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Territorial sovereignty

  • rens steenhard

    Sovereignty and Territorial Temptation: The Grotian Tendency

    August 25, 2017

    This powerful book stands on its head the most venerated tradition in international law and discusses the challenges of scarcity, sovereignty, and territorial temptation. Newly emergent resources, accessible through global climate change, discovery, or technological advancement, highlight time-tested problems of sovereignty and challenge liberal internationalism’s promise of beneficial or shared solutions. From the High Arctic to the hyper-arid reaches of the Atacama Desert, from the South China Sea to the history of the law of the sea, from doctrinal and scholarly treatments to institutional forms of global governance, the historically recurring problem of territorial temptation in the ageless age of scarcity calls into question the future of the global commons, and illuminates the tendency among states to share resources, but only when necessary.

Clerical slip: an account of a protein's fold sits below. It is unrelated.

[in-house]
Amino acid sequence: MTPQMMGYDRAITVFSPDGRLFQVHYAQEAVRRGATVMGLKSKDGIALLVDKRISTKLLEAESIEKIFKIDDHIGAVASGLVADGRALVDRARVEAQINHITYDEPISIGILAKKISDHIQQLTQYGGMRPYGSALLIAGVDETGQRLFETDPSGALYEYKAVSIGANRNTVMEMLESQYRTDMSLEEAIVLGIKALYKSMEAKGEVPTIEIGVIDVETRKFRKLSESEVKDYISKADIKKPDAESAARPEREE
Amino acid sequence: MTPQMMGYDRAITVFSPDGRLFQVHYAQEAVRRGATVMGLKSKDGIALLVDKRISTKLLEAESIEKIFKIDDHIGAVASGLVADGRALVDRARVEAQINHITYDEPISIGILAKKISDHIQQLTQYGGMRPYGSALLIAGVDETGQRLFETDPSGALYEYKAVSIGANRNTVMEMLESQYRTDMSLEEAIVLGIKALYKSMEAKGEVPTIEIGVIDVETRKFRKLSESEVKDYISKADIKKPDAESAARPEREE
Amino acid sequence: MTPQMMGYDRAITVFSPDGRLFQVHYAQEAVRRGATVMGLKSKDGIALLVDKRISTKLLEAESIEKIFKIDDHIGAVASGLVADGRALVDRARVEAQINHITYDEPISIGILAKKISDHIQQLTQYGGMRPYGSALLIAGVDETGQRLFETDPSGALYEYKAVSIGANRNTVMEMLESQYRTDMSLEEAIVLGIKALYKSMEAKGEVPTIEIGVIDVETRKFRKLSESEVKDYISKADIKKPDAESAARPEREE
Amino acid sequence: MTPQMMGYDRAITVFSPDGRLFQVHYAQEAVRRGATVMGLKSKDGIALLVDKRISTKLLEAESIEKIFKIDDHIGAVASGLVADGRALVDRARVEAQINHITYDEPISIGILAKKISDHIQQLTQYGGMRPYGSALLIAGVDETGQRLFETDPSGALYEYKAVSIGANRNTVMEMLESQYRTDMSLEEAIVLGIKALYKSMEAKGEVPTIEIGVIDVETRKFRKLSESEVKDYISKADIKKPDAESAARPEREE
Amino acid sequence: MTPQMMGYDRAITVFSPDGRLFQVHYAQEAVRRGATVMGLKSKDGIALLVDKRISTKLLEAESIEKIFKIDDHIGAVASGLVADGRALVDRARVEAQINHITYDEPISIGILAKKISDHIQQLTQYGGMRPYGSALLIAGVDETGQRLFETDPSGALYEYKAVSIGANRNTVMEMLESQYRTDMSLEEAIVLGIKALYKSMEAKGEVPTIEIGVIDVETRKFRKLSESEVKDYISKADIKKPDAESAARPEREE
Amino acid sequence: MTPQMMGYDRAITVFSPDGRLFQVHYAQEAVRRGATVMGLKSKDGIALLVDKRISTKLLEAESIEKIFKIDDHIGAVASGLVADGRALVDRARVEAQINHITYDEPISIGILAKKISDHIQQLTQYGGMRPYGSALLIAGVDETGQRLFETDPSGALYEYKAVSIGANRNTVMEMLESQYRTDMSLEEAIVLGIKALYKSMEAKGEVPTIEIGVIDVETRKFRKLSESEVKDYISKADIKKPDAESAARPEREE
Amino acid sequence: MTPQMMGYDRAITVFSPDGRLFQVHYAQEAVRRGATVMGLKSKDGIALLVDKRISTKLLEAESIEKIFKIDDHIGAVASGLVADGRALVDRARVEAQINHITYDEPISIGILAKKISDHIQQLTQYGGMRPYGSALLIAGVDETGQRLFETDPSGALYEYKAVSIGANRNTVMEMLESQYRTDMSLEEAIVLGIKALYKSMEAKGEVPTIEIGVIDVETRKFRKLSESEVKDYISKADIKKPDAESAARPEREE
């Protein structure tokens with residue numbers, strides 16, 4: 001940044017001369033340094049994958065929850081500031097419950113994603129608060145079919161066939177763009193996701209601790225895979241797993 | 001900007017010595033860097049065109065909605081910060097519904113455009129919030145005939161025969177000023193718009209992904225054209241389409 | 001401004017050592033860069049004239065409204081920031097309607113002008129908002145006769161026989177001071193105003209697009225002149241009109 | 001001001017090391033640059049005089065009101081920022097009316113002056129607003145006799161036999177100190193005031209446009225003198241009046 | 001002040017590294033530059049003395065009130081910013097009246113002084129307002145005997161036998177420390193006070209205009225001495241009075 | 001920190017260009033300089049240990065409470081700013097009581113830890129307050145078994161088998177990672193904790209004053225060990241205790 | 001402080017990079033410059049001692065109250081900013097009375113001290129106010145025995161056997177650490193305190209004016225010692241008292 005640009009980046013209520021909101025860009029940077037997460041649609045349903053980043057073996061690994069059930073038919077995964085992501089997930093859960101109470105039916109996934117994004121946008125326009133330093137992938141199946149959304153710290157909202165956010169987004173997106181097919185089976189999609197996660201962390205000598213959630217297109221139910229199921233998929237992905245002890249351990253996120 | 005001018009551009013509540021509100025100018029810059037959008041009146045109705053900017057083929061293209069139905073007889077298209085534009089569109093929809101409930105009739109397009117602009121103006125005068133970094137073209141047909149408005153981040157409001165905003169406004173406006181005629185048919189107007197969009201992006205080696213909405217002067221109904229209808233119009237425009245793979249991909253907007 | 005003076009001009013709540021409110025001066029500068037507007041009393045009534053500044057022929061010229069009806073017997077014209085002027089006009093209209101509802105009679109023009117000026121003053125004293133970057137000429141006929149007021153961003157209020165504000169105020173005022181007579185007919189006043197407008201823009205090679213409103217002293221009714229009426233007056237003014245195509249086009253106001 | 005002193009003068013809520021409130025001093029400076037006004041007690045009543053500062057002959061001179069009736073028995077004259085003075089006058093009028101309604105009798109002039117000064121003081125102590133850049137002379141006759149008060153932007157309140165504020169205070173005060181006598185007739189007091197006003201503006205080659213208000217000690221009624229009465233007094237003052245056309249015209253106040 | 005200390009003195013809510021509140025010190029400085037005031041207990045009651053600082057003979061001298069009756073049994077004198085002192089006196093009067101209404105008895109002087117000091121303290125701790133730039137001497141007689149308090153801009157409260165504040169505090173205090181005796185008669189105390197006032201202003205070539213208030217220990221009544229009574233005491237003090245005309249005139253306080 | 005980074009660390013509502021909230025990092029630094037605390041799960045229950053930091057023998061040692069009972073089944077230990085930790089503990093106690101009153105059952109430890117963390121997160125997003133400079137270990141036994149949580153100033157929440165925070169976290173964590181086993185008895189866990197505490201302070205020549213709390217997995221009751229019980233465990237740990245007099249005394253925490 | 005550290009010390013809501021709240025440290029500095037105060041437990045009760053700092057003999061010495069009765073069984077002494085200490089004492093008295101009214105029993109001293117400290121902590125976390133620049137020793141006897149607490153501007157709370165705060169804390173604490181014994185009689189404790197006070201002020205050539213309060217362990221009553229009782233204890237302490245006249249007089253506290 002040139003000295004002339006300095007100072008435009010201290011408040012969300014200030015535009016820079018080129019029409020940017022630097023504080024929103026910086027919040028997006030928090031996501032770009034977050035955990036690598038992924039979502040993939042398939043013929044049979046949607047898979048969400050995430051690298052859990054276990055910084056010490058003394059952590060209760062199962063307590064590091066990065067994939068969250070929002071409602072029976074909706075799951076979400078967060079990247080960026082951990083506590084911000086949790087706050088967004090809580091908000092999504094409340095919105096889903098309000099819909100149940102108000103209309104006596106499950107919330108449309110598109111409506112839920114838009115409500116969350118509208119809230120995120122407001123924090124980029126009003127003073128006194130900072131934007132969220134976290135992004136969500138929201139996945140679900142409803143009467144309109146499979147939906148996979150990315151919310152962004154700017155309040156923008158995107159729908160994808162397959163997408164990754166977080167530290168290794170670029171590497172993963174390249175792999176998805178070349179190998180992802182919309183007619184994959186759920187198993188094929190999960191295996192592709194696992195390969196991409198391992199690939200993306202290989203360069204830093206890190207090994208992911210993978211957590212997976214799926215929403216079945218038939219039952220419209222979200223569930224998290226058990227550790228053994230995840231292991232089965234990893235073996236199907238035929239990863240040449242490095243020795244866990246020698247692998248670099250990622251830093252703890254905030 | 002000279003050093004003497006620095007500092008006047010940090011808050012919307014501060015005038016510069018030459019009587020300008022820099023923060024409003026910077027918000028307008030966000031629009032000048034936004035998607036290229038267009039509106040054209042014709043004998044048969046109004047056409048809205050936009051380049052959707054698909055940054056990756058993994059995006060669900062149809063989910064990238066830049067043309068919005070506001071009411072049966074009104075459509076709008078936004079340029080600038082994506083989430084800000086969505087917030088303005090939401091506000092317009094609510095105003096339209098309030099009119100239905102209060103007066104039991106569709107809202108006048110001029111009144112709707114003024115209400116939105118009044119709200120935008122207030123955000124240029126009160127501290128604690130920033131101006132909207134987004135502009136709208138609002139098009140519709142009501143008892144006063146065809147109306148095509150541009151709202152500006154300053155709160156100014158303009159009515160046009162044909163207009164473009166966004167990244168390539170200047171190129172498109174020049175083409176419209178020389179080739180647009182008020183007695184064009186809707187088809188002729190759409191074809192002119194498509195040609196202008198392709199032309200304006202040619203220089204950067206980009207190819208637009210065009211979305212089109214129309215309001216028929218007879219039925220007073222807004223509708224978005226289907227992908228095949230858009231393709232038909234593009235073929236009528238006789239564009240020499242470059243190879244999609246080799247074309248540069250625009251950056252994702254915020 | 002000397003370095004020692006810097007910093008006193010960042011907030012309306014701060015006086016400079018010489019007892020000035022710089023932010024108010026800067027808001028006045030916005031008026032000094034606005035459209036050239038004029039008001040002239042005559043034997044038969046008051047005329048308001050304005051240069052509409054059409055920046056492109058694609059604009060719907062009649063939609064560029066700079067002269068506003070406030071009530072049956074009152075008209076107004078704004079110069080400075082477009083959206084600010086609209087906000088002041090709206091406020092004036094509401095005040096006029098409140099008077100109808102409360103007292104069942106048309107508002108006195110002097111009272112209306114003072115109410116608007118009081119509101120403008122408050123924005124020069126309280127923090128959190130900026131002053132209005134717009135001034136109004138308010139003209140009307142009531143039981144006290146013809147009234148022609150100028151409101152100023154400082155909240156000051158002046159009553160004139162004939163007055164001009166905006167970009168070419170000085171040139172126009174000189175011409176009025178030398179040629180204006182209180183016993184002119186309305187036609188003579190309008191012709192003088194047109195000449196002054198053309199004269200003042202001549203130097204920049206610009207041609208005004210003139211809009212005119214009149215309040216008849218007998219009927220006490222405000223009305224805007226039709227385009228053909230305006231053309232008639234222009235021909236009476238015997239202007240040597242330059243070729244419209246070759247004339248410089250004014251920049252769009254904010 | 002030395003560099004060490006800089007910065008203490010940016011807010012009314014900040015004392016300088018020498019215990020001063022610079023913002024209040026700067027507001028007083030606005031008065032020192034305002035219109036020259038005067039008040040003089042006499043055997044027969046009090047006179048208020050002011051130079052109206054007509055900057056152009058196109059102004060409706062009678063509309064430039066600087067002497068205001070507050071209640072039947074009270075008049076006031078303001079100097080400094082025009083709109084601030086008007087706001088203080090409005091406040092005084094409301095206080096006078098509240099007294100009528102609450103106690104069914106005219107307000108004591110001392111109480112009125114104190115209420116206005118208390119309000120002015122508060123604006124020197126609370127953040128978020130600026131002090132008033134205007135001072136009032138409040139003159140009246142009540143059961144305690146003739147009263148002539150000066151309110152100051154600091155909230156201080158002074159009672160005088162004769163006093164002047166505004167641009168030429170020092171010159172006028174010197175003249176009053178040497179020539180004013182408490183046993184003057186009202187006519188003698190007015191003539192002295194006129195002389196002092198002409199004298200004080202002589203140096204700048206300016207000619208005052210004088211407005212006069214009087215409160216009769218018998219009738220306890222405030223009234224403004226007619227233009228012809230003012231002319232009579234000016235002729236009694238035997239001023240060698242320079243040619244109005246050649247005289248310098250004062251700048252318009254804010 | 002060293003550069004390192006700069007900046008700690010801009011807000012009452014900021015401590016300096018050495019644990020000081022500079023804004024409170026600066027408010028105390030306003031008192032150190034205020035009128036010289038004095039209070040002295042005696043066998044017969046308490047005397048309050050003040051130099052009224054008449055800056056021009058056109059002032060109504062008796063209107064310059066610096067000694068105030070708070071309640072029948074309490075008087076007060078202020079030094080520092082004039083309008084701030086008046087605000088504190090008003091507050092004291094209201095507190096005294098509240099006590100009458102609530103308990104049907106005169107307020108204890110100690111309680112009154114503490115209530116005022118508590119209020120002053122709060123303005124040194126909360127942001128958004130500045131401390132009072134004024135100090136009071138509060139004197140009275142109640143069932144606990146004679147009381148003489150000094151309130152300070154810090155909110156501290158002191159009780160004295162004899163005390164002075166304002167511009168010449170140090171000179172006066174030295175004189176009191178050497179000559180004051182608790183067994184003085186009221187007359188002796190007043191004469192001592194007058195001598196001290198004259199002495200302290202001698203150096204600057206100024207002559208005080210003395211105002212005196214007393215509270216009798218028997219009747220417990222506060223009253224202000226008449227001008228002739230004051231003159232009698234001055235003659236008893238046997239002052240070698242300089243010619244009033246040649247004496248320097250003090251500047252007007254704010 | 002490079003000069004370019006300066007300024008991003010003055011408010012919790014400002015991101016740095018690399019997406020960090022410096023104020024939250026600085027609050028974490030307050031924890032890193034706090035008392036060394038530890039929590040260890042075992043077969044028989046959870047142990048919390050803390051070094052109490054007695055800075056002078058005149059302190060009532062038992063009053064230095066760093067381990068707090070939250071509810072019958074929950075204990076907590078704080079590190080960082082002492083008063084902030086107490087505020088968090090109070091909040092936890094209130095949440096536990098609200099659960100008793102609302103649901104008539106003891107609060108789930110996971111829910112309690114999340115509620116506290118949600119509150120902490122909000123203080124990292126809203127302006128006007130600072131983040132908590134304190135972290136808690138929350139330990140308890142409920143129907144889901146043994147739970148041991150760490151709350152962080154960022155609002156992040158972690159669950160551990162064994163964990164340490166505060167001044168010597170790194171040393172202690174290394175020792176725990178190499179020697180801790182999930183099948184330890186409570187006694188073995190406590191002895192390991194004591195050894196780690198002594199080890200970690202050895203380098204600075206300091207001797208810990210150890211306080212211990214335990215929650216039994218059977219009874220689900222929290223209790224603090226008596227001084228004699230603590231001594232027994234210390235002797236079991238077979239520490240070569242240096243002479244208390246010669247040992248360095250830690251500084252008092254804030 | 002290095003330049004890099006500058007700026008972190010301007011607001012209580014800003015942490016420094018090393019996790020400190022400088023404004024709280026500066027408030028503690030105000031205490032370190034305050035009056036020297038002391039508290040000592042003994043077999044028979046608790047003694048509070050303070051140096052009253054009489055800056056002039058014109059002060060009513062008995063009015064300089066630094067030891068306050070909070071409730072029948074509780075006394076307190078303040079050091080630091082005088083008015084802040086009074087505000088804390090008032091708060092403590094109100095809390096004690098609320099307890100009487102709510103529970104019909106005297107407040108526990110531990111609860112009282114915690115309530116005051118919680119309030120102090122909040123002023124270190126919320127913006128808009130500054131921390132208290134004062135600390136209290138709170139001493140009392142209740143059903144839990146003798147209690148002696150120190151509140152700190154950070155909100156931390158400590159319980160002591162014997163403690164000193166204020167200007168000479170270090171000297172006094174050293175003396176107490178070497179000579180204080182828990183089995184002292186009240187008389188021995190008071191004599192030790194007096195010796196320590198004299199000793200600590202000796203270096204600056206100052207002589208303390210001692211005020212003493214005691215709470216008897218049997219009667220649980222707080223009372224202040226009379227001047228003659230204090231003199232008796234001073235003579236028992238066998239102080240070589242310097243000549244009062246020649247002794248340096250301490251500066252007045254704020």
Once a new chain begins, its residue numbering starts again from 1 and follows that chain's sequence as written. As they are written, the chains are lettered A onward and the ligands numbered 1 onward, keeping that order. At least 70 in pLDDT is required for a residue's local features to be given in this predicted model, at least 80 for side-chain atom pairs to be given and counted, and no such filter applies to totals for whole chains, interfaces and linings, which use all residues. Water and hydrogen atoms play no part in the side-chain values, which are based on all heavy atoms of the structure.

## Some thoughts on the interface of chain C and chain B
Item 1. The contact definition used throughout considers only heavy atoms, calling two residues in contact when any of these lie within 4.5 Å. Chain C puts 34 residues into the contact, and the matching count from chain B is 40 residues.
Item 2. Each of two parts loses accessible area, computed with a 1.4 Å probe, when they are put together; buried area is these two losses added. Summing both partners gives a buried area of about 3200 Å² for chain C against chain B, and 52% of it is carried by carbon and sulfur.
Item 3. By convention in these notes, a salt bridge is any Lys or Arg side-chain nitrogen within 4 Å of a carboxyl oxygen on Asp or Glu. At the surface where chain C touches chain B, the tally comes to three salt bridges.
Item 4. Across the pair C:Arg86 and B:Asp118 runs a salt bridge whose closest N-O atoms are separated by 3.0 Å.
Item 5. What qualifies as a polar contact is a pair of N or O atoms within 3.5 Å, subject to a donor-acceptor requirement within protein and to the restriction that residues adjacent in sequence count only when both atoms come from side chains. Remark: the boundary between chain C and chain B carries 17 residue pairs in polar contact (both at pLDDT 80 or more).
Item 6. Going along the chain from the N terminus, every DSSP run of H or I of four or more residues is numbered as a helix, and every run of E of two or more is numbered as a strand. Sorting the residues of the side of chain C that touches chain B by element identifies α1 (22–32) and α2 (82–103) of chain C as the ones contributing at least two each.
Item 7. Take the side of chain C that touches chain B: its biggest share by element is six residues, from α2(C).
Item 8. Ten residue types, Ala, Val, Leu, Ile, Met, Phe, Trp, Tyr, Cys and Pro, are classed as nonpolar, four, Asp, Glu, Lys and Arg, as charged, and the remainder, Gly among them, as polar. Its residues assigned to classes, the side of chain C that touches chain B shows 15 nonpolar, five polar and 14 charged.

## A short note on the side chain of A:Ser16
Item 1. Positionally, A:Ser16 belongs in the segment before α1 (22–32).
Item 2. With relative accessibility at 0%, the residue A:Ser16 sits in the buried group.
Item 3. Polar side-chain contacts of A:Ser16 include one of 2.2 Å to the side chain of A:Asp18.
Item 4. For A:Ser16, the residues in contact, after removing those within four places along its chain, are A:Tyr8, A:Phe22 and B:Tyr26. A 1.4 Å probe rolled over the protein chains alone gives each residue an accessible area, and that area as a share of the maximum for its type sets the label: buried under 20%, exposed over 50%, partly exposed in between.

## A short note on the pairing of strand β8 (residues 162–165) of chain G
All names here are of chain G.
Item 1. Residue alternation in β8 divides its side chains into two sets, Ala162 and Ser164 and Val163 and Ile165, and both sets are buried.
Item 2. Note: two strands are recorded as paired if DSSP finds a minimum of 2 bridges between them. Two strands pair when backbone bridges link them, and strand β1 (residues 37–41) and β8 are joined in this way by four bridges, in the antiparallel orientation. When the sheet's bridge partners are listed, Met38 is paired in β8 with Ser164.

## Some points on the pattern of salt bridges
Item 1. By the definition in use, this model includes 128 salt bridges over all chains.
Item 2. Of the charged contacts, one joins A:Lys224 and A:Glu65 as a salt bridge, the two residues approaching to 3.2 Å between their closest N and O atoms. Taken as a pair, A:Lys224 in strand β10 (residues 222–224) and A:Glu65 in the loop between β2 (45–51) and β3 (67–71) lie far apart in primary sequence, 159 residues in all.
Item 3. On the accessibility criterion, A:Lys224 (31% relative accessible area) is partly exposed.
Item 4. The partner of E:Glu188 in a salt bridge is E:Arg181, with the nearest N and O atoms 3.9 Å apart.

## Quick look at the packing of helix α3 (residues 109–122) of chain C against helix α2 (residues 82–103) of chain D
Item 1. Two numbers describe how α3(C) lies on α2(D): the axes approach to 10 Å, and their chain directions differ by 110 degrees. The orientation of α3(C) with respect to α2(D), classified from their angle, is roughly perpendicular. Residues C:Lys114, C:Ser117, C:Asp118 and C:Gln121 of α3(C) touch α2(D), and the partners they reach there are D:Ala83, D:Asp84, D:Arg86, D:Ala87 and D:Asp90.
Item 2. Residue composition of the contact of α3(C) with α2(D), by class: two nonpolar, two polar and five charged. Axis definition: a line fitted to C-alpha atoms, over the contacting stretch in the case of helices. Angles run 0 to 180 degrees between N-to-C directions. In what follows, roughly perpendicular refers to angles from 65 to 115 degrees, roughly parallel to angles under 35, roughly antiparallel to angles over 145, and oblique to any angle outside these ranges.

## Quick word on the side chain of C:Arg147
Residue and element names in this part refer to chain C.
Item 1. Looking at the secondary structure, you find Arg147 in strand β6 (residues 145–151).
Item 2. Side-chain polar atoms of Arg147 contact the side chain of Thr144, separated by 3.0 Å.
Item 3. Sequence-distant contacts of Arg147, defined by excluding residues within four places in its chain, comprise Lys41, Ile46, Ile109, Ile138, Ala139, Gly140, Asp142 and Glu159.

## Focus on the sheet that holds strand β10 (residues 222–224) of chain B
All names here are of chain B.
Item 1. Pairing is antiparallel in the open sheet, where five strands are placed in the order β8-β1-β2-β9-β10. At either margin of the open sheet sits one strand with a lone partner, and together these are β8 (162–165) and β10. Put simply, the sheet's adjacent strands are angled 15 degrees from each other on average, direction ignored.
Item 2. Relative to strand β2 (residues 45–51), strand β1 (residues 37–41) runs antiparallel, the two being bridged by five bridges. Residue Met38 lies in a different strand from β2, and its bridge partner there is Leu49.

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  • Sakwa, R., Frontline Ukraine: Crisis in the Borderlands, London; New York, I.B. Tauris, 2015.

    Frontline Ukraine: Crisis in the Borderlands

    February 4, 2015

    The unfolding crisis in Ukraine has brought the world to the brink of a new Cold War. As Russia and Ukraine tussle for Crimea and the eastern regions, relations between Putin and the West have reached an all-time low. How did we get here?
    Frontline Ukraine: Crisis in the Borderlands

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  • Interview: Dr. Christian Noack

    Interview: Dr. Christian Noack

    May 23, 2014

    This month, our first time guest editor and colleague, Ms. Anna Duszczyk, invited Dr. Christian Noack from the University of Amsterdam, for an in-depth interview on the current crisis in Ukraine. Dr. Noack is an expert on Eastern European History, Media Studies and Slavonic Studies. In this interview, he will discuss his views on the current political situation in Ukraine and the role of Russia and the European Union in the crisis.